new media

Other St. Louis-area Catholic Blogs/Bloggers

[UPDATE: I've posted a more comprehensive guide that I intend to keep updated here: St. Louis-area Catholic Bloggers/Websites].

I've come to the realization that many St. Louis-area Catholics have no idea how many excellent blogs are published by other Catholics in the area. Here are the ones I know of - feel free to leave a link to any that I've missed in the comments below.

  • Archdiocese of Saint Louis

    Obviously the main source of information for Archdiocesan events. I hear they're getting a site upgrade soon... more to come ;-)

  • Saint Louis Catholic

    A great blog about timely news in the Archdiocese, with a bit of a traditional slant. Often uses colorful and entertaining language when discussing the current state of affairs.

Rupert Murdoch: No More Google News?

After reading a few articles mulling over the implications of Rupert Murdoch's purported move to pull out all News Corp content from Google News, I thought I'd share a few thoughts, especially since the 'pay wall' issue is something I deal with from day to day with a local news publication...

Online Ads - a Faltering Art

With the popularity of Google Ads and other similar ad networks, where impressions are free, and clicks cost money, it's no surprise companies are hard-pressed to make any real money with this traditionally-based advertising medium. Heck, only 16% of Internet Users actually click on ads—that's not something the accountants and marketers are excited to hear, when all their business models are based on CTRs (click-through rates). Impression-based pricing is problematic, as well, especially considering the many different techniques people have for tricking ad-impression trackers.

There are a plethora of problems with online advertising metrics, and with revenue from online advertising. There are a few areas where online advertising is extremely effective (YouTube and other video sites have a successful pre-video commercial model, which works well). But for simple news and blog pages, the flashy, arrogant and often irrelevant ads that display in and around the content are largely ignored.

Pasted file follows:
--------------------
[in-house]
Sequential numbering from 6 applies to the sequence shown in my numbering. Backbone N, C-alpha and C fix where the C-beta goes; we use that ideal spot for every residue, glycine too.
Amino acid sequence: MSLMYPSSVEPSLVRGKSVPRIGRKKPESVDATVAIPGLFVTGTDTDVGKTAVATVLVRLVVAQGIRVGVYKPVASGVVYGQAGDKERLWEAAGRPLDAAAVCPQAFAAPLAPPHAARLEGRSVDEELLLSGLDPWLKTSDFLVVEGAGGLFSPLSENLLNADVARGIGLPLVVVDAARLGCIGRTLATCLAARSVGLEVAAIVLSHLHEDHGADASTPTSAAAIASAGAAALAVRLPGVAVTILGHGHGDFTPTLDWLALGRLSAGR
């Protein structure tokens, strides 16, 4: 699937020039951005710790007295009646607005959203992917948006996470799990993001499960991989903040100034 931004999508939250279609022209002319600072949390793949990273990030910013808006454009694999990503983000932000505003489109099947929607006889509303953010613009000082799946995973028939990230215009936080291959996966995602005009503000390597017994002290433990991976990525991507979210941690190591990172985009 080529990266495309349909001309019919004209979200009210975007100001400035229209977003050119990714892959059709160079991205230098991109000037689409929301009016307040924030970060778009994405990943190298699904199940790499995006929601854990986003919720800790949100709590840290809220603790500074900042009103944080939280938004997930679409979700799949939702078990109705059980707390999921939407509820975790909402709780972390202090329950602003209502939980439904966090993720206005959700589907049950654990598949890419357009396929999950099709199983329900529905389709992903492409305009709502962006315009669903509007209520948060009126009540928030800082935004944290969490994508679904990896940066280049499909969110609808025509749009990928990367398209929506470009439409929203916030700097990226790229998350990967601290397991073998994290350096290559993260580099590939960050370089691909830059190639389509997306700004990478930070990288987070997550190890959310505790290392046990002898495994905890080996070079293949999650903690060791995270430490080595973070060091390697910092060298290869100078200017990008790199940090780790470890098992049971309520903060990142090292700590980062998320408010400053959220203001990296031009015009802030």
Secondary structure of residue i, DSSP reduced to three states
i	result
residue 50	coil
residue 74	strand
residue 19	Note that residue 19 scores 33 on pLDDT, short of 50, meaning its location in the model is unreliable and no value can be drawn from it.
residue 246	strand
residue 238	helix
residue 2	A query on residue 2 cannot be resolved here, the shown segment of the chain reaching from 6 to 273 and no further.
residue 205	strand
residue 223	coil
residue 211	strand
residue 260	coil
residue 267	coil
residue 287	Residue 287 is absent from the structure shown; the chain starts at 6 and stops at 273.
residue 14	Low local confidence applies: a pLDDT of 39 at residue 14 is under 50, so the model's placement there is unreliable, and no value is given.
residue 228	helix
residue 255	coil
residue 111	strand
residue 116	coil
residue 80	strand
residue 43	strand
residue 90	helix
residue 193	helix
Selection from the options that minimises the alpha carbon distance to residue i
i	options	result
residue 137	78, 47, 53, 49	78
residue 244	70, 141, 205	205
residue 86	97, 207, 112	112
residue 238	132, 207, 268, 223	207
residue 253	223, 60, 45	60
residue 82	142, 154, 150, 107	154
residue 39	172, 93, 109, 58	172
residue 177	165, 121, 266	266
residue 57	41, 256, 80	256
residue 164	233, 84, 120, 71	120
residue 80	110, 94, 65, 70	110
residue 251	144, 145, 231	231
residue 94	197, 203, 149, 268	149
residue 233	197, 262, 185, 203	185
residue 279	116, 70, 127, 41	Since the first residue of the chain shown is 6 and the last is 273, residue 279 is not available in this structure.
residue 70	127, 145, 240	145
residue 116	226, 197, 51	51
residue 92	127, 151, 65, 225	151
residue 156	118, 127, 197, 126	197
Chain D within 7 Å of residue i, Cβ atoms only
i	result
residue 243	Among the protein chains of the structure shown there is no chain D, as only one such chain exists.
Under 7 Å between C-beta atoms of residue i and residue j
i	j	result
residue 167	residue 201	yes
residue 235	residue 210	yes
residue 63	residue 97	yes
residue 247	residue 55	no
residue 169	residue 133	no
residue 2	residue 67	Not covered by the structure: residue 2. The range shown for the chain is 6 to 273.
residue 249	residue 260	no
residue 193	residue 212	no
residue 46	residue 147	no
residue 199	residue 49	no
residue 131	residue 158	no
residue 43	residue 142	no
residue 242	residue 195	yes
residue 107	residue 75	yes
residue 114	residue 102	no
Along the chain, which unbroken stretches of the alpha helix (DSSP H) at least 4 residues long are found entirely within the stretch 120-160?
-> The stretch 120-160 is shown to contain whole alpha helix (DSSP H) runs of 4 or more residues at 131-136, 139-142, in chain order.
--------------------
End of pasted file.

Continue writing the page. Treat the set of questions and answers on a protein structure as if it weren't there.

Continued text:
I don't propose any solutions to this huge problem—especially for news companies who, in the past, received more than half their revenue through advertising dollars. However, it's necessary to acknowledge the problem.

The Google Generation

Bing, Google, Yahoo - whatever the site is, online search and aggregation is the way of the future—I can count on one hand the number of people I know who have any particular website besides the three above (or one of their sub-sites) as their homepage. The fact is, people don't use the Internet as a replacement for the morning newspaper and bagel. People browse topics that interest them, then follow a topic around to different sources, and gather more information about this topic than was ever before possible in such a short period of time.


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